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5. Goodness

1. A thing has goodness in so far as it can be the goal of a desire or tendency. That is called good which answers an appetite or appetency. Now, a thing can be the goal of a tendency by the fact that it is a thing at all, that it has being. Hence goodness and being are really the same thing. But logically, that is, in the way of human understanding, there is a distinction between goodness and being; for we can think of being without noticing that it is desirable or good. Therefore, between goodness and being, there is not a real distinction (as between thing and thing), but there is a logical distinction (as between distinct mental approaches to the same thing).

2. Hence it is evident that our idea of being is prior to our idea of goodness; for we are aware of a being as such before we are aware that it is necessarily good.

3. A thing is good in so far as it has positive being; positive being is perfection or actuality. For perfection is desirable, and desirability defines goodness.

4. Goodness has the character of a final cause, for it is an end-in-view; it invites or attracts, and thus far causes the action which seeks to attain it.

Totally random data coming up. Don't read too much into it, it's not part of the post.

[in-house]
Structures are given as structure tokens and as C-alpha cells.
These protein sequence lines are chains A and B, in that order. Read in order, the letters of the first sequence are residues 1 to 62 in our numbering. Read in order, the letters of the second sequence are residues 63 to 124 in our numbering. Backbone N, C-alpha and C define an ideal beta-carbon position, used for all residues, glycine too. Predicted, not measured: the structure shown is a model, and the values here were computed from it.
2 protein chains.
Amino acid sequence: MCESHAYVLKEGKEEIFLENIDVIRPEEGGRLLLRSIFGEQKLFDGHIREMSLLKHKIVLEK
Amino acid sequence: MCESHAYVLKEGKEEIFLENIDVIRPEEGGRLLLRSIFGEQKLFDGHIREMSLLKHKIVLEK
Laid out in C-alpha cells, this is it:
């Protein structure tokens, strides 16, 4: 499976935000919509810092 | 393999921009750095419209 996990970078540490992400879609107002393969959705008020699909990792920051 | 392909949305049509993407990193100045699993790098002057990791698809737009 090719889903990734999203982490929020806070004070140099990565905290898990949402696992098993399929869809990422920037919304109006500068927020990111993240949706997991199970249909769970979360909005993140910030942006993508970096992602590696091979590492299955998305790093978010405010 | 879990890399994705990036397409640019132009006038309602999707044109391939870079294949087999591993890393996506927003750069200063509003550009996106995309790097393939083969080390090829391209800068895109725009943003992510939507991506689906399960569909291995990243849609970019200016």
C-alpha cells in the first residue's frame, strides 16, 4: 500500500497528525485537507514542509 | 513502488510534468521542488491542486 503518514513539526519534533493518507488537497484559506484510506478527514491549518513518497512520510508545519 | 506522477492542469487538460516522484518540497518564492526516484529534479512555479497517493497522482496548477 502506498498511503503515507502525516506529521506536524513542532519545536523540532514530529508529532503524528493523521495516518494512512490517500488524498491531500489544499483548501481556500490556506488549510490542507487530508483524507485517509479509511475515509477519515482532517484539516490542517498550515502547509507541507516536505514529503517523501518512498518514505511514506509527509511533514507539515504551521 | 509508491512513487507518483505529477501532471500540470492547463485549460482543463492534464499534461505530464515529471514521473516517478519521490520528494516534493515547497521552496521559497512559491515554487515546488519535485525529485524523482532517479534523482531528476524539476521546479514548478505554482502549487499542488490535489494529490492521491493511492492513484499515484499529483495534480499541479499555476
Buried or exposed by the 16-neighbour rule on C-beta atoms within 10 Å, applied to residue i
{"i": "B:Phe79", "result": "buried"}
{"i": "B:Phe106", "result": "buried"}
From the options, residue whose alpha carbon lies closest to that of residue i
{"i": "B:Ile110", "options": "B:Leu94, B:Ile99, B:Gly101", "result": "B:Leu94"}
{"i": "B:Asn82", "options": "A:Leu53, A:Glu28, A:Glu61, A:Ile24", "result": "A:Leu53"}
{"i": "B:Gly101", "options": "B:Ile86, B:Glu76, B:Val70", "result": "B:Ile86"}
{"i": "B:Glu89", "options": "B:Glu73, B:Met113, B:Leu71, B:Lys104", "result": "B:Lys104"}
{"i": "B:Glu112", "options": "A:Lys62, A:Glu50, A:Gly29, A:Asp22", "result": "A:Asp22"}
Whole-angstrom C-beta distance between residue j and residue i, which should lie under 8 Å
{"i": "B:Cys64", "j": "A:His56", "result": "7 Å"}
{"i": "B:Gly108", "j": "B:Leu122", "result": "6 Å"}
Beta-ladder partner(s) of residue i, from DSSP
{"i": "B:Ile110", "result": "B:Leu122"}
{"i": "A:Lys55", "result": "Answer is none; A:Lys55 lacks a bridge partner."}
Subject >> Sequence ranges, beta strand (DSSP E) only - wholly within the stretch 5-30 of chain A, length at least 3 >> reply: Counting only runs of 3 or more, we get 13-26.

5. Positive being (and hence perfection or actuality) is found in the essence of a thing, in its mode of being, in its specific kind, and in its tendency to its end. Therefore we discern goodness in a reality, in its mode, in its species, and in its direction to its end, goal, or purpose.

6. Good may be classified as the seemly or virtuous, the pleasing, and the useful.

"As the flesh is nourished by food, so is man supported by prayers"
St Augustine

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"We must not be behind time in doing good; for death will not be behind his time. "
St Phillip Neri

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"Let persons in the world sanctify themselves in their own houses, for neither the court, professions, or labour, are any hindrance to the service of God."
St Philip Neri

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